Practically Speaking

Kyle and her husband moved to Brookfield in 1986. She became active in local politics and started blogging in 2004. Her focus is primarily on local issues but often includes state and national topics, too. Kyle looks at things from the taxpayers' perspective in a creative, yet down to earth way, addressing them from a practical point of view.

Ford Has A Better Idea: Export Manufacturing to Non-Green Countries

Energy, Environment, Going Green, Government / Bureaucracy, TAXES, THE ECONOMY, Unintended consequences

Sunday we returned from a few days in Dearborn Michigan touring the Henry Ford Museum, Greenfield Village, and The Rouge Ford Factory. The Rouge Factory Tour was new to us. There was Bill Ford, the great grandson of Henry, up on the BIG screen telling us how Ford created this new Rouge factory to be friendly to the environment.

Much like our proposed Fountain Brook Crossing, The Rouge Ford Factory* has Gone Green. The roof is a garden roof, planted with sedum plants to absorb the rain water. They are increasing plantings wherever possible on the grounds; nets are strung up on the factory exterior for climbing vines.

Even their parking lots are water permeable. No more run-off. The paving material looks like asphalt but is a porous material that has sand and gravel below. The guide said that the water that runs through the pavement is filtered and very clean. It requires vacuuming twice a year to keep pores open and calcium chloride must be used instead of sodium chloride in winter.  The porous pavement is more expensive to install and maintain but lasts twice as long as conventional asphalt. Plus, no detention pond is needed...and it's good for the environment.

It seemed everything about The Rouge Factory was good for the environment or good for the employees. You could watch some of the assembly line in action. The workers were poetry in motion each doing their specific little jobs. While they are always under the time constraint of the moving line, it did not seem any were really hustling to keep up the pace. Some workers were on the cell phone, playing a hand held game, or even had newspapers there to catch a snippet of an article.

I asked a tour guide how much money these people made. She did not know specifically but said from what she read in the paper, it was around $20.00 per hour for new hires. Workers with more seniority were higher.

Another guide told us that Ford recently closed 2 other factories in other states, I believe, and now consolidated all of the work here at The Rouge. That sounded efficient. The Rouge's specialty was trucks**. Wonder where the other cars are made?

Monday's Investor's Business Daily answered part of that question: Movin' To Mexico!:  (My emphasis)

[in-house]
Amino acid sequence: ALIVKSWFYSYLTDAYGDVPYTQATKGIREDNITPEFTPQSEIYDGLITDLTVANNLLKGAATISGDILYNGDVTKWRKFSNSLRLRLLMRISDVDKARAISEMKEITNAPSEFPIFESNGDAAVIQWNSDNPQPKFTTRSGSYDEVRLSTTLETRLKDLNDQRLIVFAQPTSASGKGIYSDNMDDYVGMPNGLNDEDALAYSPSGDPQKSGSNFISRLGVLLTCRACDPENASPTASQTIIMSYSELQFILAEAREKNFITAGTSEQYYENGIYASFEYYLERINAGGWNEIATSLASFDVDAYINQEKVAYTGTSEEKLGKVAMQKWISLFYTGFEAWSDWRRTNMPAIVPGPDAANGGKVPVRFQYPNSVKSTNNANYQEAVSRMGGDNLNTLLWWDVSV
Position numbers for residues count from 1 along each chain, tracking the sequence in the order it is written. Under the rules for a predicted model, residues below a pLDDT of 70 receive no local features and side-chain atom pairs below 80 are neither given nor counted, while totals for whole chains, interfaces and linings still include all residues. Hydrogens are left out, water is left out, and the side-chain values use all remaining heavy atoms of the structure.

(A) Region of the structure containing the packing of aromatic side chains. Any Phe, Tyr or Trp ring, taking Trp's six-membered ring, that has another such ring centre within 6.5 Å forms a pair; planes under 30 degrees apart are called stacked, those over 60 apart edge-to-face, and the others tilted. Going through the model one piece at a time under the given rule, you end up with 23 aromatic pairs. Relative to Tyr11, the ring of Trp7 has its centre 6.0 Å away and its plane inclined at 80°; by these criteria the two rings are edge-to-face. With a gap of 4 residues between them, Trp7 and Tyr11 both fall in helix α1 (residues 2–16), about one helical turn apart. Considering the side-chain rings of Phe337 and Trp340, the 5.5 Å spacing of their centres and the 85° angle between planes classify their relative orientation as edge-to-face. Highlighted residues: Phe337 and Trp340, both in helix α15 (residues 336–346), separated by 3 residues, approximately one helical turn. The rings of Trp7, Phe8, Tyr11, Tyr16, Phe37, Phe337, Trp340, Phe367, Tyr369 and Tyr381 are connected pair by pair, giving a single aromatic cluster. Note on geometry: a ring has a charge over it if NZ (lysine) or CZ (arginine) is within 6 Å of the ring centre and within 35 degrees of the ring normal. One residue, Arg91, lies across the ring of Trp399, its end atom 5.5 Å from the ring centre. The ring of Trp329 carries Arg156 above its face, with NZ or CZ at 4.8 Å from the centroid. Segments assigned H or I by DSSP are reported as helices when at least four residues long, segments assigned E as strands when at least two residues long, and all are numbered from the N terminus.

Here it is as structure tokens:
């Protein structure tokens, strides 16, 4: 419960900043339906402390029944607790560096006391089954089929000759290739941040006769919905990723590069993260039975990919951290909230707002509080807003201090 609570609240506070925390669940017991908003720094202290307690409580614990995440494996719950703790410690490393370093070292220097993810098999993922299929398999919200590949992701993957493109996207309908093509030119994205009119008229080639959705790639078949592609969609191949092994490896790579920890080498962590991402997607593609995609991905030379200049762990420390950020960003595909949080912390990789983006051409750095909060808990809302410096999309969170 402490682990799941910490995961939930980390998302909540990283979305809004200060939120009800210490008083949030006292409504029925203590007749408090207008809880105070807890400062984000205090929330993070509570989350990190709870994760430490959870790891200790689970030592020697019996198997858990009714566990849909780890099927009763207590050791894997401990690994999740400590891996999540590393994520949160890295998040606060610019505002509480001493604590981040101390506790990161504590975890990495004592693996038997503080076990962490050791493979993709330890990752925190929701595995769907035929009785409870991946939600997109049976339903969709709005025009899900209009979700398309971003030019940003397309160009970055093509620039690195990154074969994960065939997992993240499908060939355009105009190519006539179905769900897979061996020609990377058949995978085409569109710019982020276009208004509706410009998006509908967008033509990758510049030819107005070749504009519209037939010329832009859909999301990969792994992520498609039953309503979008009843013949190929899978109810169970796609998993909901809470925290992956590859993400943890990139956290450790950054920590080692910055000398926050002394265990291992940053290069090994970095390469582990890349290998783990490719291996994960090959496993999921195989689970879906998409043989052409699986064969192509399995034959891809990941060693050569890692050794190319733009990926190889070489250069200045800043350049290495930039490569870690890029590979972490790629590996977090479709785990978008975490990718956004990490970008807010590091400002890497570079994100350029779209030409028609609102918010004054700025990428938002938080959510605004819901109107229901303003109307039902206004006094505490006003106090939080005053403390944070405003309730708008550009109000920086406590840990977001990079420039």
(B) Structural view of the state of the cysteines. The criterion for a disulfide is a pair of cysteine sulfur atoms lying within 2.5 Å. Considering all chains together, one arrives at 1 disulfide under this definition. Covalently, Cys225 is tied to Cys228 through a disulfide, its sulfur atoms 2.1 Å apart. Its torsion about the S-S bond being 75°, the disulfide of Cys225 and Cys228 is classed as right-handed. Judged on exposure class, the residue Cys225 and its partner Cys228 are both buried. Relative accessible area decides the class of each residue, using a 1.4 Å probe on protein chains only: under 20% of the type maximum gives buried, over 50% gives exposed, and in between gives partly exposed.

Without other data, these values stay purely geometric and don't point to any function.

Ford's investment of $3 billion in two auto plants near Mexico City is the largest foreign company investment ever in Mexico. As oil prices soar and new climate-change rules are readied in Washington, Ford must shift from its reliance on trucks and SUVs to lighter, more energy-efficient vehicles.

This should be something that workers in Michigan and other Midwestern states with decades of automaking experience should excel at doing. Instead, Ford and other automakers are pushing more and more investment abroad — especially to Mexico.

The editorial cites reasons for an auto sales slump and the US losing jobs--mainly the UAW forcing higher wages and benefits--but increasing climate change rules and higher oil prices aren't helping the industry.

Like a coyote caught in a trap, U.S. automakers have been desperately gnawing off a leg to escape certain death. They're closing plants and slashing jobs in Michigan, Ohio and other U.S. union havens, in favor of non-union, foreign places. Like Mexico and China.

Meanwhile, foreign companies have no problem making cars here. They do it in the non-union South, where the UAW is weak.

So foreign companies can get around our high wages by being non-union, but even they and their products are subject to U.S. emission standards for factories and cars.

You would think that with our ailing auto industry our government would be doing all it could to help encourage instead of hinder. Yet Washington continues to hamper oil exploration and increase auto emission standards (i.e. new diesel emissions will be cleaner than intake air.) 

Add to automakers woes, both U.S. and foreign made here, the latest millstone around the neck: Cap-and-Trade, and I think we have the recipe for outsourcing more industry of all kinds.

Ford may have greened up its Dearborn plant and created an ideal work environment, but if more industry follows suit in exporting jobs to countries that don't care about workers or the environment, what good paying jobs will be left in America?

This was written before Tuesday's post Kohl, Feingold, and Doyle's reaction to GM closing Janesville plant

Related articles: Toyota workers in Kentucky plant made more than UAW members last year

More handwriting on the wall, GM closing Janesville assembly plant by 2010 

*The Rouge Factory was named for the Rouge River in Dearborn. The banks of the river were red clay, hence the name Rouge (French for red). 

**A guide told us this was the last year they would be making Mercury trucks. 


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